Then you're in the wrong area.  The lower forum is where the non-flat earth discussion occurs.
I am a terrible person and I am a typical Blowhard Liberal for being wrong about Bom.

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Rushy

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Re: Ask a Physicist anything.
« Reply #10 on: January 19, 2013, 06:38:33 PM »
Clearly Eireannach subscribes to graviton theory, despite the whole of zero evidence for it.

Re: Ask a Physicist anything.
« Reply #11 on: January 19, 2013, 06:38:53 PM »
Ha ha. Yes okay I said anything. Though my post clearly implied that I meant physics questions.

hmmm

not intending to be argumentative, but then you don't actually know "lots of science?"

what you meant to say was that there are some things in science of which you have some knowledge, and other things in science of which you are ignorant.

how easy is it for you to tell the difference?
true wisdom is always concise

Re: Ask a Physicist anything.
« Reply #12 on: January 19, 2013, 06:44:28 PM »
So Einstein was wrong when he said that gravity happens as a result of mass curving spacetime?  ???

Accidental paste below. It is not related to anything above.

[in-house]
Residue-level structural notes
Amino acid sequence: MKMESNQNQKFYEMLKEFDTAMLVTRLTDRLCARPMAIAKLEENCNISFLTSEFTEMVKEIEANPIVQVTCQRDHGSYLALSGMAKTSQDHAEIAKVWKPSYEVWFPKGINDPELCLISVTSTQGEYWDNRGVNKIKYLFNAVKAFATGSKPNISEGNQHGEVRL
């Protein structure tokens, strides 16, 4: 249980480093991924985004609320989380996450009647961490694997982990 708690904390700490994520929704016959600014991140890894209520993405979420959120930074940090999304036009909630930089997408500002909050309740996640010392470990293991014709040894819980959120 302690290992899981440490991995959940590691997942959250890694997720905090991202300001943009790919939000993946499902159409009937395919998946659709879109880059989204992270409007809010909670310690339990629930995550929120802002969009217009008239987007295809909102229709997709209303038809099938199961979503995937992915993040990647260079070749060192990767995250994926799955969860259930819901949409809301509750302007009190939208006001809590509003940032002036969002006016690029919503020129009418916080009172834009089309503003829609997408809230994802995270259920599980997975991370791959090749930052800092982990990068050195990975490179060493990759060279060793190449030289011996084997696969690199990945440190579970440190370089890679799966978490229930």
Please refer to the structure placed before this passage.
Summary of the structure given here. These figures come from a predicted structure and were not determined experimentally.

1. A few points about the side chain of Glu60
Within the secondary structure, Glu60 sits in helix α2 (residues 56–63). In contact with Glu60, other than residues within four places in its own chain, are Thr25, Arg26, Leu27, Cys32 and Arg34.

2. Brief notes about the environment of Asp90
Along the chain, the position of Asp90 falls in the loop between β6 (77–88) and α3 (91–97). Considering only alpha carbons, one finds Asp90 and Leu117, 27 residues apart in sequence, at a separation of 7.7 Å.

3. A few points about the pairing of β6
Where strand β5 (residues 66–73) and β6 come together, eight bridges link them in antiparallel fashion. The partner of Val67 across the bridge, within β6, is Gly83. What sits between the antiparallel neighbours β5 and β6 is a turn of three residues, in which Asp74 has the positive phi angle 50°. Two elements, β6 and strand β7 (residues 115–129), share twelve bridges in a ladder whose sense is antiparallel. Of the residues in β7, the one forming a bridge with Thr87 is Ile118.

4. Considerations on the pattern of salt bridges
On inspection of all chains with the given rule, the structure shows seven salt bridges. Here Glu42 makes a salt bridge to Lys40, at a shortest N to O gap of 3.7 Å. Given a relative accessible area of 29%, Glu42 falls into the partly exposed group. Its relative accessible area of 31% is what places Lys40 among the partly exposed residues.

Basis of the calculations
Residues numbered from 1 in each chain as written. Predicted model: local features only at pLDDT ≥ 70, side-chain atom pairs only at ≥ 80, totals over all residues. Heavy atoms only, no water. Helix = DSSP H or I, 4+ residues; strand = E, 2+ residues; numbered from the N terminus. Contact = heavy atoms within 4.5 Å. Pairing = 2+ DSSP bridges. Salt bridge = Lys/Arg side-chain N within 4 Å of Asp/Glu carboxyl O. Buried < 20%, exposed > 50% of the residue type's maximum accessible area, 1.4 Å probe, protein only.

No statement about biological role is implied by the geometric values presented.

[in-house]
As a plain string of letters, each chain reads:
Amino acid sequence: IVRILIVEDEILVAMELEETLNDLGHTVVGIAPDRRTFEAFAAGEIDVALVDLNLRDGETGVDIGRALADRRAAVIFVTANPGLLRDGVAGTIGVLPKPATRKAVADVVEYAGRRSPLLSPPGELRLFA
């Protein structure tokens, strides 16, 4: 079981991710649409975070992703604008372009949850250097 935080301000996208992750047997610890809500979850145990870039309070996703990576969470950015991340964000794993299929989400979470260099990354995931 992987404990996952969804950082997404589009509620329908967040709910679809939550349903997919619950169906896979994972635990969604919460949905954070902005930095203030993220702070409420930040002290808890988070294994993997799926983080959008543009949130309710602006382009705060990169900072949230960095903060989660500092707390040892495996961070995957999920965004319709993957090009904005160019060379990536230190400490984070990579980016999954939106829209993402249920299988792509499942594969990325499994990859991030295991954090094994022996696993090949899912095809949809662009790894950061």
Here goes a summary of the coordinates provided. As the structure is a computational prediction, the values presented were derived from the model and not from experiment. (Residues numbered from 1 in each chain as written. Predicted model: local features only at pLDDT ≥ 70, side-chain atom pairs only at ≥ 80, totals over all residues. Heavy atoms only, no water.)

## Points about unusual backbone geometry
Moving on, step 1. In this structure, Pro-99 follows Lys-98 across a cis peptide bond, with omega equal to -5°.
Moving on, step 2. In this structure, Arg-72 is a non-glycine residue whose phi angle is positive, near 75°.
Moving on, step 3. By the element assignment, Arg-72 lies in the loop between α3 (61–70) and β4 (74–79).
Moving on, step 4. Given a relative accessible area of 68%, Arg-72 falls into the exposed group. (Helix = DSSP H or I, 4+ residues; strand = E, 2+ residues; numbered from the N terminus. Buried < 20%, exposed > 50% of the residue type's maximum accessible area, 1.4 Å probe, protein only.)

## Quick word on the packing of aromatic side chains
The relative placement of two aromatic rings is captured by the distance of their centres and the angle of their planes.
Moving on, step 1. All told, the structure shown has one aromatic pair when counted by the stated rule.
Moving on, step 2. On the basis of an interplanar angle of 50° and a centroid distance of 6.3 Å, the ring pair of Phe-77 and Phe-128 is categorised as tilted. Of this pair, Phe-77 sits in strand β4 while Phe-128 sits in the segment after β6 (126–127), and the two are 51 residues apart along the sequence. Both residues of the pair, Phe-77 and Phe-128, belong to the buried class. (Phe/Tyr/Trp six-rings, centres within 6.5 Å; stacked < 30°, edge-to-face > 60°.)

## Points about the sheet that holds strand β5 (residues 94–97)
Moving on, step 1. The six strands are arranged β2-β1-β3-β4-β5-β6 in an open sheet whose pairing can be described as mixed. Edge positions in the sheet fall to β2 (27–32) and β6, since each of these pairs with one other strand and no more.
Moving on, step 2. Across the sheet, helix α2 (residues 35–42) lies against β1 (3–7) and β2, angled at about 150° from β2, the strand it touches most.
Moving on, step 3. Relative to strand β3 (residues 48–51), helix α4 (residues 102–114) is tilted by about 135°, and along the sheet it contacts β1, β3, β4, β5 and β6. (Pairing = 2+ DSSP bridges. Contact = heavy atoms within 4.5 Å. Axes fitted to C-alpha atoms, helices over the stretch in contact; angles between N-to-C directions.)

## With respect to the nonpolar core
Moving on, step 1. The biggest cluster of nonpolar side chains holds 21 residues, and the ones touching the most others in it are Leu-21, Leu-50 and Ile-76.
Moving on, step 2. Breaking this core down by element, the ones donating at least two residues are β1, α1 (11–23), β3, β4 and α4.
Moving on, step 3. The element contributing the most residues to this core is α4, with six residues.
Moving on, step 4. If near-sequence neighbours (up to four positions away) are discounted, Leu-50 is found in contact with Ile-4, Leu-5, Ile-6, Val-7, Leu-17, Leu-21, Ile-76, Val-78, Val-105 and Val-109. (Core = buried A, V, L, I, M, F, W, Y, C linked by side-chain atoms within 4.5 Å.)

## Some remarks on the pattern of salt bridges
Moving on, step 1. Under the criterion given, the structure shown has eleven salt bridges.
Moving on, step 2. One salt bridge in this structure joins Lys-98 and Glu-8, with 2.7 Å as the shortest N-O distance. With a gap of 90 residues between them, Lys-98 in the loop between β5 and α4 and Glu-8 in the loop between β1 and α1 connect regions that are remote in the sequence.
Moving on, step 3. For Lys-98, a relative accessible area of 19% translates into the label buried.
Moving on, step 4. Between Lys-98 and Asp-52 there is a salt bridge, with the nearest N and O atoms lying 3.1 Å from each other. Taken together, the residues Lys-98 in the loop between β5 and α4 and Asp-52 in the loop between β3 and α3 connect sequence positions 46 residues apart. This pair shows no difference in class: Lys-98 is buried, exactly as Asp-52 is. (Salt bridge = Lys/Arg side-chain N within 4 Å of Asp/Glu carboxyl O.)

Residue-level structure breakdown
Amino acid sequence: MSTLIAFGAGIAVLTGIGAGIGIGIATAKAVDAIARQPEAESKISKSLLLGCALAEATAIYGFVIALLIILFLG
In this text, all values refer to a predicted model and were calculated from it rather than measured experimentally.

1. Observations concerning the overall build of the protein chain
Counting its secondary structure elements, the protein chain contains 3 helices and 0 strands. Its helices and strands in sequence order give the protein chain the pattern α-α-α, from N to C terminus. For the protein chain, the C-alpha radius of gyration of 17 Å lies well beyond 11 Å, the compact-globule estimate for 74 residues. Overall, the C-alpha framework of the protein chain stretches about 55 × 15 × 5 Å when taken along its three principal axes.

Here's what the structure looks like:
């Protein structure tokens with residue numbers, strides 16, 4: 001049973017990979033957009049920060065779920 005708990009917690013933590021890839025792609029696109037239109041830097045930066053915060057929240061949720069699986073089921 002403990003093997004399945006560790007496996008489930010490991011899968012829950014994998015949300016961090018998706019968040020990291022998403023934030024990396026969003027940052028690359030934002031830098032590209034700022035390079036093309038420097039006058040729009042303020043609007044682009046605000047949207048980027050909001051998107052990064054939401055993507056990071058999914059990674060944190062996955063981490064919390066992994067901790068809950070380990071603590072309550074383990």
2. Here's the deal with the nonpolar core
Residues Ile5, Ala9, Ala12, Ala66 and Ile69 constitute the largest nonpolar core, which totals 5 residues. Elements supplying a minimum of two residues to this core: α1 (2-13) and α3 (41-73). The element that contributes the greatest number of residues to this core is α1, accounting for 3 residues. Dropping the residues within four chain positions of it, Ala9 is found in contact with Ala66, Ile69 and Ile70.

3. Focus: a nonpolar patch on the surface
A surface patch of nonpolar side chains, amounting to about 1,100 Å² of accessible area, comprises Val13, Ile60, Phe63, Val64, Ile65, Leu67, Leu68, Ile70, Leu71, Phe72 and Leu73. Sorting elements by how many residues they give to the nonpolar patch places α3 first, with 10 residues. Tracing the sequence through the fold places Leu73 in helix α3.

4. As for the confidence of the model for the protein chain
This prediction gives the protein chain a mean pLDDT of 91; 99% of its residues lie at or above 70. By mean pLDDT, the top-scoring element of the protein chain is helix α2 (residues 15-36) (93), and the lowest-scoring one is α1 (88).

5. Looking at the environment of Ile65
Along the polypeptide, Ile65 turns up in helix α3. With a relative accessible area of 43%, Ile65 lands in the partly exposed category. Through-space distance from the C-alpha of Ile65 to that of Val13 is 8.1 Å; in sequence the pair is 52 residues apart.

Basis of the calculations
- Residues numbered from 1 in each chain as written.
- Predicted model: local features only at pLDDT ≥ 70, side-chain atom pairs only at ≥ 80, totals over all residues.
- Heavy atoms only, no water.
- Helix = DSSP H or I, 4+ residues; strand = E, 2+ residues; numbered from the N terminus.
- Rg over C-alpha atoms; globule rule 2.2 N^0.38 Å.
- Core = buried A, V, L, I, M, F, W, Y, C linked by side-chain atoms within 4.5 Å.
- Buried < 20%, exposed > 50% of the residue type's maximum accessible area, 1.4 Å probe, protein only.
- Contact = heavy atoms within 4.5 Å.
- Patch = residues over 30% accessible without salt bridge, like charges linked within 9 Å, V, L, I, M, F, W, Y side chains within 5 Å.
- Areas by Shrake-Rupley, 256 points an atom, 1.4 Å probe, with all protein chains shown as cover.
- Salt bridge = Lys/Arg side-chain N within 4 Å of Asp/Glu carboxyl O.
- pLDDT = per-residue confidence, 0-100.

No I explained to you how one body/mass can affect another body/mass. I only explained the communication mechanism. Spacetime curvature is an instigator while virtual particles are a mediator. So I suppose I answered "How does gravity work" as opposed to "Ehat causes gravity" but I find the most common issue people have is understanding why one object would be attracted to another by invisble forces.

If you still want to know the specific "Why there is a gravity" then you will have to settle for spacetime curvature or enroll in a 4-dimensional tensor mathematics course.

Then you're in the wrong area.  The lower forum is where the non-flat earth discussion occurs.
Point taken, I am new to the site. Will explain tomorrow.

Clearly Eireannach subscribes to graviton theory, despite the whole of zero evidence for it.
First of all, you cannot have a theory with zero evidence, that is a hypothesis. Second, there is hard proof for virtual particles and exchange particles between forces. You would be correct however in stating that the graviton has not been discovered yet. But there is also proof of gravitational attraction between bodies on Earth on the horizontal plane. This cannot be explained by upward acceleration. Plus, katers pendulum.

Will continue in morning.
« Last Edit: January 19, 2013, 06:48:29 PM by Eireannach »

Re: Ask a Physicist anything.
« Reply #13 on: January 19, 2013, 06:48:02 PM »
Here's a question: if Dark Matter is supposed to make up so much of the universe and have such a mahoosive effect on galaxies, why does it appear to be impossible to detect? Surely the same property that reveals its influence on galaxies (its enormous gravity) could be used to detect it around us? And why does the dark matter theory take precedence in the scientific community over the variable strength gravity theory?